GEOGRAPHIES OF WELL-BEING AND QUALITY OF LIFE
There is an emerging scientific interest in the connection between well-being (WB) or quality of life (QoL) on the one hand, and place on the other. Within regional science, this interest originates from lacking evidence on spatial variations in WB or QoL and the determinants for these, combined with the implications that this knowledge gap has for practical regional or planning policy justification, formulation and evaluation. Also, from the point of view of the individual person, the contemporary research front is vacillating concerning the role that space plays in defining WB or QoL. Accordingly, non-geographic disciplines examining different dimensions of WB or QoL (such as psychology, sociology or economics) have acknowledged that adding a spatial dimension to the subject would substantially enrich the existing pool of knowledge. Furthermore, there is an embryonic body of evidence pointing in the direction that differing combinations of inequality or inequity (e.g. intra-regional, and/or intra-personal) within WB or QoL would also act as a substantial determinant for aggregated regional differences. Moreover, such mechanisms appear to be sensitive to contextual settings at a multitude of spatial scales, which further justifies adding a geographic element to the topic. Finally, the emergence of new data sources for subjective content information on WB or QoL certainly also act as an impetus for further investigation.
Thematically, this Special Issue covers four main themes:
1) Drivers behind WB or QoL in a spatial setting;
2) Theoretical and conceptual perspectives on WB or QoL and how these are practically operationalised at differing spatial scales and contexts;
3) Measurement issues of WB or QoL (e.g. how objective and subjective content indicators intertwine) in a spatial setting; and
4) Policy implications of WB or QoL at differing territorial levels of administration and for different types of territorial contexts.
As we are dealing with a truly interdisciplinary scientific field, we foresee contributions not restricted to traditional human geography alone, but also look forward to input from related fields like sociology, political science, economics or health sciences. We welcome empirical or methodological analyses equally as we do theoretical contributions to the topic. In line with the journal’s focus, the submitted papers should be focussed on giving evidences by means of indicators, models, methods and data, or through assessments of quantitative governance associated with spatial aspects related to WB or QoL. Through such an interdisciplinary and multi-methodological dialogue, we hope to enhance our understanding of how local, regional and urban development and policy can be depicted or analysed through different conceptualisations of WB or QoL.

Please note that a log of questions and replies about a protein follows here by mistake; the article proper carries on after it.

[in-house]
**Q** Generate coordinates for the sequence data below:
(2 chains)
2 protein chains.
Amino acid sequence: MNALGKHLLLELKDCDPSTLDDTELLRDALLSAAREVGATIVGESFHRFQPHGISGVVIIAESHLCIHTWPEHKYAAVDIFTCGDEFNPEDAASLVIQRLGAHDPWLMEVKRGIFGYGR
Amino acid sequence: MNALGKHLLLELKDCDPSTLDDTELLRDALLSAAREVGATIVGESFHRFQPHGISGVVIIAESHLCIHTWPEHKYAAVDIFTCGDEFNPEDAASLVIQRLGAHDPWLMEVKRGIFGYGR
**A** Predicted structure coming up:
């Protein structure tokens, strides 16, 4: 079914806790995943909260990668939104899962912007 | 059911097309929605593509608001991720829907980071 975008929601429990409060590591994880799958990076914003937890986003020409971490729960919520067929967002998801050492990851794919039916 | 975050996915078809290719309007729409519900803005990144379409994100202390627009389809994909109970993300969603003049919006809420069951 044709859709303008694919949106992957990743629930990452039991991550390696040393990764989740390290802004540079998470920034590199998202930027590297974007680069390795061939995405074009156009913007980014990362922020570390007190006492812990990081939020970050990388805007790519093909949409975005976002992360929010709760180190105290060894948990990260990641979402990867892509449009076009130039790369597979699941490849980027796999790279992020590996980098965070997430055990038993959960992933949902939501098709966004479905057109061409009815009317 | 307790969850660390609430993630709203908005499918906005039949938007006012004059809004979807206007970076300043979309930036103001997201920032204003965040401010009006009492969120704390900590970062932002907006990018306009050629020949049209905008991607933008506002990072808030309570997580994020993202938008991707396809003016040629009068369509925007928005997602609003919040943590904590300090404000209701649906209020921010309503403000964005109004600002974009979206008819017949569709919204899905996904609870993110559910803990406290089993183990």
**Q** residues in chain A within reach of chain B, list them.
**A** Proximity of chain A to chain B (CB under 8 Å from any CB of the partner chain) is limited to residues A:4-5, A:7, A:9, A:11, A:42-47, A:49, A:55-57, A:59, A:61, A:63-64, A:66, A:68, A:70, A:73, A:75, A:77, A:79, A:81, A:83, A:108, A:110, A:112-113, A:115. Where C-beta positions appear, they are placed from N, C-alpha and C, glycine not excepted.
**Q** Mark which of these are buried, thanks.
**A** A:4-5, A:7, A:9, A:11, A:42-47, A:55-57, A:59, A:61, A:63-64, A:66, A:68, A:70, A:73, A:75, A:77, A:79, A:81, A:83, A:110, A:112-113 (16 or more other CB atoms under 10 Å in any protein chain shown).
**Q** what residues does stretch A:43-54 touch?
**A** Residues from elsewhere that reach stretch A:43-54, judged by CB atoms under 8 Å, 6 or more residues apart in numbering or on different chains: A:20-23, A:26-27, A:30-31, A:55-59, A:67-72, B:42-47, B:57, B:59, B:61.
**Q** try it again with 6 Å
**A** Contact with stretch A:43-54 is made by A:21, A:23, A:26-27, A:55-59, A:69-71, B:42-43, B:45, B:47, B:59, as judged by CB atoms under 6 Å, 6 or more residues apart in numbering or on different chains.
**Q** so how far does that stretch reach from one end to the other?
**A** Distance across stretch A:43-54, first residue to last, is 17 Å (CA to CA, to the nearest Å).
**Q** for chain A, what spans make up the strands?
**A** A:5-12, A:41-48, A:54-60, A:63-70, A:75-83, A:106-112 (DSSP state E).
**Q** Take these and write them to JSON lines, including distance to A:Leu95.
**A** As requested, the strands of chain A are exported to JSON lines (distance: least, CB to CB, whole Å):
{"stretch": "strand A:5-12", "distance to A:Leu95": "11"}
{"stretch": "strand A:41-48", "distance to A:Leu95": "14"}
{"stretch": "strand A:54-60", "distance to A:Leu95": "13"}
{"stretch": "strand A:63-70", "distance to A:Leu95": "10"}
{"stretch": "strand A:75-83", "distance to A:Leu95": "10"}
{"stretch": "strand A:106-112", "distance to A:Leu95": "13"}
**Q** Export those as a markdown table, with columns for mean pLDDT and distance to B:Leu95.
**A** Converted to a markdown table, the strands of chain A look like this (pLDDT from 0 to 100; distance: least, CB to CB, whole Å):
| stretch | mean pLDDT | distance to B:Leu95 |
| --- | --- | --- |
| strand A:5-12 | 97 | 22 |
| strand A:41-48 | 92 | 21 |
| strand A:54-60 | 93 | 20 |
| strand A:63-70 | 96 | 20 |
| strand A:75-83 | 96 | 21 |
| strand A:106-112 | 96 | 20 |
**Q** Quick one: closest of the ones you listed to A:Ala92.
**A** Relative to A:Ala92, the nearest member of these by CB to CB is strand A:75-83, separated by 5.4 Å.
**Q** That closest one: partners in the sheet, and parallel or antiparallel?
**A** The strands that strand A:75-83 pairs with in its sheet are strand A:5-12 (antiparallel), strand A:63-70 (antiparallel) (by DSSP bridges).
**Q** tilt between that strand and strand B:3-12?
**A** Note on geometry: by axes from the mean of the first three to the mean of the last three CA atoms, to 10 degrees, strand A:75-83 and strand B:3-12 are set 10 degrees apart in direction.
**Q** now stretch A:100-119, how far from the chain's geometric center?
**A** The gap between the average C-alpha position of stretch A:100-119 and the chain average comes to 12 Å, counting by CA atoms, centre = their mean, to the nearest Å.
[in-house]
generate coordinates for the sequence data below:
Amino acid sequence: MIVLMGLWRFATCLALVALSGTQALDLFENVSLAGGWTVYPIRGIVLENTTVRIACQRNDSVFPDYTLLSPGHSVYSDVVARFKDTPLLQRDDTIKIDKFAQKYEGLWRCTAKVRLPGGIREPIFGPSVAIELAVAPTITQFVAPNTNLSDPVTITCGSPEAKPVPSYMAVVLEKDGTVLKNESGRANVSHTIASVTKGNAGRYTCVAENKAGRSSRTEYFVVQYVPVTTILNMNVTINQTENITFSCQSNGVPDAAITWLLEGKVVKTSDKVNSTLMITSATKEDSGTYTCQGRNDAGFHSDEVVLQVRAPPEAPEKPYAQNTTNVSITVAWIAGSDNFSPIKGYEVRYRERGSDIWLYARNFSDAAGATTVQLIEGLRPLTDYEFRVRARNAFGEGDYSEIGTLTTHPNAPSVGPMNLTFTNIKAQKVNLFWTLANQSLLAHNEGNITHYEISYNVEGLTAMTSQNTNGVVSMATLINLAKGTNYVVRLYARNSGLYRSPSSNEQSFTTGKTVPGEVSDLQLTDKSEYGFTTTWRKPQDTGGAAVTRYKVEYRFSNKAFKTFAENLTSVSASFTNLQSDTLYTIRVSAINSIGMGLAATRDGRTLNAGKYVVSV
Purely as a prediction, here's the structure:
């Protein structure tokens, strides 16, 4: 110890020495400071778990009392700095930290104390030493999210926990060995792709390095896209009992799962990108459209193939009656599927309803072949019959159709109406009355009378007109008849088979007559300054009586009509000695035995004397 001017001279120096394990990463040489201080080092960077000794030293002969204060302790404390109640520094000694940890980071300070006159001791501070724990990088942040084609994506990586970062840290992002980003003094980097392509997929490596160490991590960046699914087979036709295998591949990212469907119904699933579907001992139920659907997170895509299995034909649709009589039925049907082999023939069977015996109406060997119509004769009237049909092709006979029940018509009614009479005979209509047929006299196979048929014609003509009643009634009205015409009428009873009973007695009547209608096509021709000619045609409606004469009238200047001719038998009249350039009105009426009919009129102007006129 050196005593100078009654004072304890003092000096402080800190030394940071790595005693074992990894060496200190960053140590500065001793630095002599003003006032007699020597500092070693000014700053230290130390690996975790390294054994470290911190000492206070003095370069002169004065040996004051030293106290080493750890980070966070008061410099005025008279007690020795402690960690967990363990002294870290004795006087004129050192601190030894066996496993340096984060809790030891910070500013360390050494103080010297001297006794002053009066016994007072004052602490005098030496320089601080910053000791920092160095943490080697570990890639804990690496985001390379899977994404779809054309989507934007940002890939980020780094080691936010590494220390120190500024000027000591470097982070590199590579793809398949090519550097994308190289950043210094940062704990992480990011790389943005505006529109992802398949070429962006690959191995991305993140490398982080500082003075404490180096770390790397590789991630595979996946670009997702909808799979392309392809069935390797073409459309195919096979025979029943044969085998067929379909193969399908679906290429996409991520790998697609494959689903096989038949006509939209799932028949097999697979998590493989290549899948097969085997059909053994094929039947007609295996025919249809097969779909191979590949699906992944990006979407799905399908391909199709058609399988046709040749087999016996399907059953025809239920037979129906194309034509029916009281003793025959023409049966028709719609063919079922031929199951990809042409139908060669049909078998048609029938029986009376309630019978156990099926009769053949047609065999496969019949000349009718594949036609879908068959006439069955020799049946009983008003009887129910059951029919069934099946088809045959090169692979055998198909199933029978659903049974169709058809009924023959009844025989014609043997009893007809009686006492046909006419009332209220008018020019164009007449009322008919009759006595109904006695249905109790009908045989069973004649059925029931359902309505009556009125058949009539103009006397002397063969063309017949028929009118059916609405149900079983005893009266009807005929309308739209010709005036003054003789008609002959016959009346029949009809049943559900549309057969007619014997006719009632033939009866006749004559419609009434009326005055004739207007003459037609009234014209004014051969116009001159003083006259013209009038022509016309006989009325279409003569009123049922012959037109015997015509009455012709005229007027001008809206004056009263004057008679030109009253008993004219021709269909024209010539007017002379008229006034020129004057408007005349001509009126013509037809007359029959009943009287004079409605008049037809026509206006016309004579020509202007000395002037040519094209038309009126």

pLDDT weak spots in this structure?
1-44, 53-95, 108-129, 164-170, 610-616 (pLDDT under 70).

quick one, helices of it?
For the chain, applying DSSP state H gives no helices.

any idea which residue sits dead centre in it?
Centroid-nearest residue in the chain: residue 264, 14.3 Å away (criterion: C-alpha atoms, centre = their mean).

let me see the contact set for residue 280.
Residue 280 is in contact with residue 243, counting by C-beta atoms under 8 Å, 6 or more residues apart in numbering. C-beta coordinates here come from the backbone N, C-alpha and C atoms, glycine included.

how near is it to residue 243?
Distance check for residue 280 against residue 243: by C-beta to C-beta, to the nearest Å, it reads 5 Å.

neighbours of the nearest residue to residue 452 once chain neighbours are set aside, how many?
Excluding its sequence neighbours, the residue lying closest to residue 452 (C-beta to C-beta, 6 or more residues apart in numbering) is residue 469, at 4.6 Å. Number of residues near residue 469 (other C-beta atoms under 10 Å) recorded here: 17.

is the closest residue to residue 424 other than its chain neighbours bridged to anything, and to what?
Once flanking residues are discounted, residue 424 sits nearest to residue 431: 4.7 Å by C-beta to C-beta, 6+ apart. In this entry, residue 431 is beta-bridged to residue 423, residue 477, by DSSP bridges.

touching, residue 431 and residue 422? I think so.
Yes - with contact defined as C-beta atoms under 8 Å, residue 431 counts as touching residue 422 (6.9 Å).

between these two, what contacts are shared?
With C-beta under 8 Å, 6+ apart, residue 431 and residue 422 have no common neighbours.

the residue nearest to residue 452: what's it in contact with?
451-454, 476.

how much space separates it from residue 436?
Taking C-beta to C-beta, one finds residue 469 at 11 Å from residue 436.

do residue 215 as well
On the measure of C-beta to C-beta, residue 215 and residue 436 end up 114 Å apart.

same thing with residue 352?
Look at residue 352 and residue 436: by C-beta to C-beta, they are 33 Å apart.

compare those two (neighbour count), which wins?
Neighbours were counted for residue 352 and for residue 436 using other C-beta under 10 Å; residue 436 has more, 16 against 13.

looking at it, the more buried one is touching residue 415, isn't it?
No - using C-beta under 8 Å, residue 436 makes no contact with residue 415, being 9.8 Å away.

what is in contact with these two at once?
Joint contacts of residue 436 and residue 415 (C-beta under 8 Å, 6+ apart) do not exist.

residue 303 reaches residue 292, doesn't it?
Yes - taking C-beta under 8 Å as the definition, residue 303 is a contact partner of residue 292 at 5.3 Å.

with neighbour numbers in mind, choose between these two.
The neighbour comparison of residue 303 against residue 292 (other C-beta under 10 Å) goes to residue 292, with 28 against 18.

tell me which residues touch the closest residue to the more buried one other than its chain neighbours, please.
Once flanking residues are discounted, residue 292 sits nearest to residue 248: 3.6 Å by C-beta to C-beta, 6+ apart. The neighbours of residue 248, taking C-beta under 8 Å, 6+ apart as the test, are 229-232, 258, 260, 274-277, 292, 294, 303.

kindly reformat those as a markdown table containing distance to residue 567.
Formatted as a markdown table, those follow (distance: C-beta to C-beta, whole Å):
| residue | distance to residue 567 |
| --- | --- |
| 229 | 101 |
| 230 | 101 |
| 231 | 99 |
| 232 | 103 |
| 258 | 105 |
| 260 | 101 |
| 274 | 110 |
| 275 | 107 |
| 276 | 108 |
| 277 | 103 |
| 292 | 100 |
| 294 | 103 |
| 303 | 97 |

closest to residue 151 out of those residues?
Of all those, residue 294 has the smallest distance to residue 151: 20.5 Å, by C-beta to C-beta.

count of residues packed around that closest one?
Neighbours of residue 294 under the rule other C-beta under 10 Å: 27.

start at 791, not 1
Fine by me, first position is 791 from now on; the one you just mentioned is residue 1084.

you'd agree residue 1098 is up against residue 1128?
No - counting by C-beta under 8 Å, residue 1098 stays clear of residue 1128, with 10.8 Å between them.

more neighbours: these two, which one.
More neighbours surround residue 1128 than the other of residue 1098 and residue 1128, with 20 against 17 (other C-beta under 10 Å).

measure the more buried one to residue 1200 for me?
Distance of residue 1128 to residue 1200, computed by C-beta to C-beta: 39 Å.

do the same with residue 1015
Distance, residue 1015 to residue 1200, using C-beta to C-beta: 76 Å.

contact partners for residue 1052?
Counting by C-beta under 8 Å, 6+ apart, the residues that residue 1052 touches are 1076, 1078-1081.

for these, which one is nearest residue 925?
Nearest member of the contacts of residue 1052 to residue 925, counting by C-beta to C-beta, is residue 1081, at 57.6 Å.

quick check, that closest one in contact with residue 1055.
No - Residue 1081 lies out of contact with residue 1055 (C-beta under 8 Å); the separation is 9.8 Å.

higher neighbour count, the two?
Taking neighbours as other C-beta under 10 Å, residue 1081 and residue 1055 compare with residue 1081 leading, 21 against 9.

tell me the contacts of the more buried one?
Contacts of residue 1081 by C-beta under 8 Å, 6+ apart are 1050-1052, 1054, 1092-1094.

Please submit a structured abstract of no more than 500 words to one of the three above listed guest editors no later than 15 September 2020. Please note that the Social Indicators Research’s submission platform will not be able to handle these abstracts. Following the assessment by the guest editors, authors of accepted abstracts are invited to submit their full paper through the journal’s submission portal. If accepted, we welcome contributions of around 7,500 words (a minimum of 5,000 words and a maximum of 10,000 words) including references. The deadline for submission of main contributions is 30 April 2021.
This is an open call, as well as a publishing opportunity for papers accepted to the Special Session on “Geographic inequity in well-being and quality of life” at the (postponed) 2020 Regional Studies Association Annual Conference in Ljubljana, Slovenia. The official call text can be found here: https://www.springer.com/journal/11205/updates/17990750